Tag Archives: blogging

The Week in Review: Thanks for a Record Number of Page Views!

storycroft, page views, engagement, blog, Atlanta, John Rocker, Survivor, Truman Capote, Positive Challenge

Thanks for helping me end the summer with a bang!

I want to thank subscribers to this blog for their support over the last eight months. With your help, storycroft.com got more page views on Friday than on any other day. And on Sunday, we came this close to setting another record.

Why the excitement? First, I jumped on a breaking story that’s relevant to my premise. Then I worked the system hard while staying true to that premise.

Early in the week, I had two posts — about finishing my Positive Challenge and about great quotes from Truman Capote — that drew a good but unremarkable amount of page views and engagement. But right after I posted about Capote, news came that “Survivor” was adding controversial ex-baseball player John Rocker to its cast of castaways. I had to weigh in — and I got some of the Internet traffic driven by Rocker and the show.

I decided to build on it by re-linking some older posts to referral sites where I had posted them before, like reddit.com and stumbleupon.com, and I was stunned by the tidal wave of page views that came from them a few months after their first run. (Thanks, Sophie… and Josh, The Run Commuter… and the King of Pops… and Ponce City Market…) I also sought out other discussion boards about Rocker and other topics in my posts, and that got me referrals from large, commercial sites.

Just as important, engagement was high on the blog and on my social media pages. Readers were clicking through photo galleries. And on links and images at the bottom of posts. And retweeting and sharing posts on Twitter and Facebook. Anybody can lure in one-timers with click bait. But that doesn’t interest me. At some point, we have to focus on improving engagement at least as much as page views.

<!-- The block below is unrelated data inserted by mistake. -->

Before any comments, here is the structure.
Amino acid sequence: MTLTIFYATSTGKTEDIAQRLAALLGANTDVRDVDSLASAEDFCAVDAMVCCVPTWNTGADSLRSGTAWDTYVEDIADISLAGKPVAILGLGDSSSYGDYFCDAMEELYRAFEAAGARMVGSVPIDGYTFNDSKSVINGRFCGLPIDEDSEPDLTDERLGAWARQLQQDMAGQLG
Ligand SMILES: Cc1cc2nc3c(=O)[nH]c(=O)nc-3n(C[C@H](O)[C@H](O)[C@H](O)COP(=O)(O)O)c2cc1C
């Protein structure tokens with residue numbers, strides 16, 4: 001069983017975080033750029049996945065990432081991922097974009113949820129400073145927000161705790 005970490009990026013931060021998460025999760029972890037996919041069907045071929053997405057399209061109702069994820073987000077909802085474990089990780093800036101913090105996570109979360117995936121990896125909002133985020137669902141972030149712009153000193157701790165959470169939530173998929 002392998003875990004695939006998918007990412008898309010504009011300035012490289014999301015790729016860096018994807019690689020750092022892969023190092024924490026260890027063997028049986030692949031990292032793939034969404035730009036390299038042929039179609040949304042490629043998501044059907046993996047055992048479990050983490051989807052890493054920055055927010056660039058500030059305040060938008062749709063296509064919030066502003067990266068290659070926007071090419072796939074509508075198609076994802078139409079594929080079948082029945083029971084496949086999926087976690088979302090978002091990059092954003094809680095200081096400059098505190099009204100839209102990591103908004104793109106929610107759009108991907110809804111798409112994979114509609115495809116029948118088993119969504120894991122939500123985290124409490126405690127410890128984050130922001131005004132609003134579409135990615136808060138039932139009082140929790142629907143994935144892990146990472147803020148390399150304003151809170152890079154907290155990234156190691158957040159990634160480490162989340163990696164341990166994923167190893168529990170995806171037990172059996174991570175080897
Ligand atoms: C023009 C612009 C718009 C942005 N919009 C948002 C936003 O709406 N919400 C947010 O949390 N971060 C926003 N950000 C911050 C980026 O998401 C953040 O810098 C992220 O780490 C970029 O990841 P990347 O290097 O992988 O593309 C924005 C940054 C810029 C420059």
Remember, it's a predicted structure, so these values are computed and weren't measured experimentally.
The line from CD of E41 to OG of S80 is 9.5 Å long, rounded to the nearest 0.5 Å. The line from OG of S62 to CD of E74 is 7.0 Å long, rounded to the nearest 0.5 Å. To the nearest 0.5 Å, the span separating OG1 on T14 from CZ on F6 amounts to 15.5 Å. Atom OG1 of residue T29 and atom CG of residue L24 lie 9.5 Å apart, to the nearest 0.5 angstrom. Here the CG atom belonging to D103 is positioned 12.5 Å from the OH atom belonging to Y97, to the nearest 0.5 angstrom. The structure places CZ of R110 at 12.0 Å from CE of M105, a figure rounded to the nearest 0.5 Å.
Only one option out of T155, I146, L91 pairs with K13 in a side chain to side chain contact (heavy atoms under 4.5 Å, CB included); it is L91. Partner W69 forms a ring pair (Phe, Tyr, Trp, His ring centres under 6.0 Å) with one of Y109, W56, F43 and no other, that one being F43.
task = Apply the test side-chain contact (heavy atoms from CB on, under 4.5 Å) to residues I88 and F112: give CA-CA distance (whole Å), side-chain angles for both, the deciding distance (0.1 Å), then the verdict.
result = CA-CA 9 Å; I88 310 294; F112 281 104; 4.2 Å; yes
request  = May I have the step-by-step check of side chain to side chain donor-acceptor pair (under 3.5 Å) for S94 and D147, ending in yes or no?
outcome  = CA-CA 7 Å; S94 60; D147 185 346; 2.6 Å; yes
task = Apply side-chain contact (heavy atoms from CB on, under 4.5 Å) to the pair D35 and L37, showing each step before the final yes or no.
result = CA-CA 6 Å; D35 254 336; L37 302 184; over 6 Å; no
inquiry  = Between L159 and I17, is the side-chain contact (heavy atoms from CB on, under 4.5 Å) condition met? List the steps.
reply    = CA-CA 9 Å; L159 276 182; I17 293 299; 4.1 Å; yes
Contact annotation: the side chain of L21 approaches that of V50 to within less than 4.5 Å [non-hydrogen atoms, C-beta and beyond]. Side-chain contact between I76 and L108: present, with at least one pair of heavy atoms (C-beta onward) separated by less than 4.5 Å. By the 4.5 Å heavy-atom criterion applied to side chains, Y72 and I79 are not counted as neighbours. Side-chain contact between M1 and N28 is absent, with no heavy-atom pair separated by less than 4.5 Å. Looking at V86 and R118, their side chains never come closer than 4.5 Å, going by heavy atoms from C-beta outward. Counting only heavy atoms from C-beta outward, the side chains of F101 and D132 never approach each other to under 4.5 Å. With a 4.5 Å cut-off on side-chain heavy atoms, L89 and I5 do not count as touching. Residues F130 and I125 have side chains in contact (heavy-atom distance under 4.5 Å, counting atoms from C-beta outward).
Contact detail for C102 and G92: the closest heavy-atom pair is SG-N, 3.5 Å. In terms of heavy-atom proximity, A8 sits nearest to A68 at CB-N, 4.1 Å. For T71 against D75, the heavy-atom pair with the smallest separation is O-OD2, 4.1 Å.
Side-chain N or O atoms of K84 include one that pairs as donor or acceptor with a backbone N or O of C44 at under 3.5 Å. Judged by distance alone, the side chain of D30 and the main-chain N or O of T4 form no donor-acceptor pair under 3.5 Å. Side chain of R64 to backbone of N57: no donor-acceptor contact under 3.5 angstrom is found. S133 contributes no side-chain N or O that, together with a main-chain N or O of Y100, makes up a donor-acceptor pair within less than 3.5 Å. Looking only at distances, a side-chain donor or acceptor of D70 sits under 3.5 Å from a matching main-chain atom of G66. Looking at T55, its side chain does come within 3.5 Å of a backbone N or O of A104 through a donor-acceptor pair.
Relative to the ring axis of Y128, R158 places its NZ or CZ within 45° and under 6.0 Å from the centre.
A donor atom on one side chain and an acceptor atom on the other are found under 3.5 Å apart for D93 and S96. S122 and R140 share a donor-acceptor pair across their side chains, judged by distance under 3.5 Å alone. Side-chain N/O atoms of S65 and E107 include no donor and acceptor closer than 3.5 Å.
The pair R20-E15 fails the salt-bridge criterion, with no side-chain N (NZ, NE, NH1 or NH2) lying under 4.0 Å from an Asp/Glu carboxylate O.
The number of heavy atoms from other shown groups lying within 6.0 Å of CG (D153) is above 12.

Oh, I want new readers, of course. But I also hope anyone who visits storycroft.com will come in and sit a spell, as we say down South. To click on another story, leave a comment, recommend it on social media.

You know: Have a conversation — and tell a story.

If you enjoyed this post or anything on storycroft.com, please subscribe at the top of the right column. And ask a friend to do the same. Thanks! 


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11 Ways I’m Terrible at Writing Blog Titles!

53564334Among the key lessons I’ve learned about blogging is the importance of writing a great title. (Or is it a headline? Either one, I guess.)

I’ve written blog posts here that I thought would burn up my page-view counter … and then… crickets.

I can’t say why for sure, of course. But it’s occurred to me that my titles need some work. I looked around the blogosphere for tips, and analyzed what I was doing vs. what worked and didn’t work. Here are 11 tips I’ve found or learned on my own.

If you’re reading this, maybe that means I’m catching on, right? Send me more. I need all the help I can get!

  1. Use numbers in titles. For examples, the one on this post… Content marketing guru Joe Pulizzi says using two numbers is even better. I tried this recently with How 5 Friends Reinvented Themselves, and 6 Resources on How You Can, Too. The results were good, but not great. (What gives, Joe?)
  2. Controversy sells. Maybe, but I’m uncomfortable with being deliberately provocative. Should I have titled this post, 7 Reasons Why You’re Wrong to Focus on Titles? I could have put “suck” in this title, but that’s borderline vulgar, isn’t it? My mother reads this. Damn it.
  3. Use keywords if you can, but don’t be obnoxious about it. Try to optimize for SEO.
  4. Keep it tight and punchy, with bold words and maybe even a little attitude.
  5. Find the right length to maximize on the channels you use to share. Stop at least 10 characters short of Twitter’s 140-character limit so it’s easy for followers to retweet you. “I try to shoot for 70 characters or less in my titles so they don’t get cut off in most emails and search engine results,” says Corey Eridon of hubspot.com.
  6. Some punctuation is OK, like question marks and even exclamation points, which I usually hate! (I double-dipped on this one: Does Exercise Make You More Creative? Go Take a Walk and Let Us Know!) More problematic are special characters like @ and #.
  7. Be topical. I had success with this (‘The Normal Heart’ and How a Story Evolves) because I wrote it the week “The Normal Heart” debuted and was receiving media attention. It wouldn’t have worked months before or later. 
  8. Start with the title in mind and then write to it. This seemed counter-intuitive to me at first. But I caught on pretty quickly, like with this one, 11 Ways to Keep Balance in Your Life.
  9. Be Clear about What You’re Offering. This was one of my best performers: 16 Easy Ways to Write Better.
  10. A blog post is not a newspaper article. I used to write headlines for a living, and I was good at it. But this is not that.
  11. Odd numbers are better than even. So they say…

How’d I do? Here’s a link to a dozen more resources on writing better titles. Check ‘em out.


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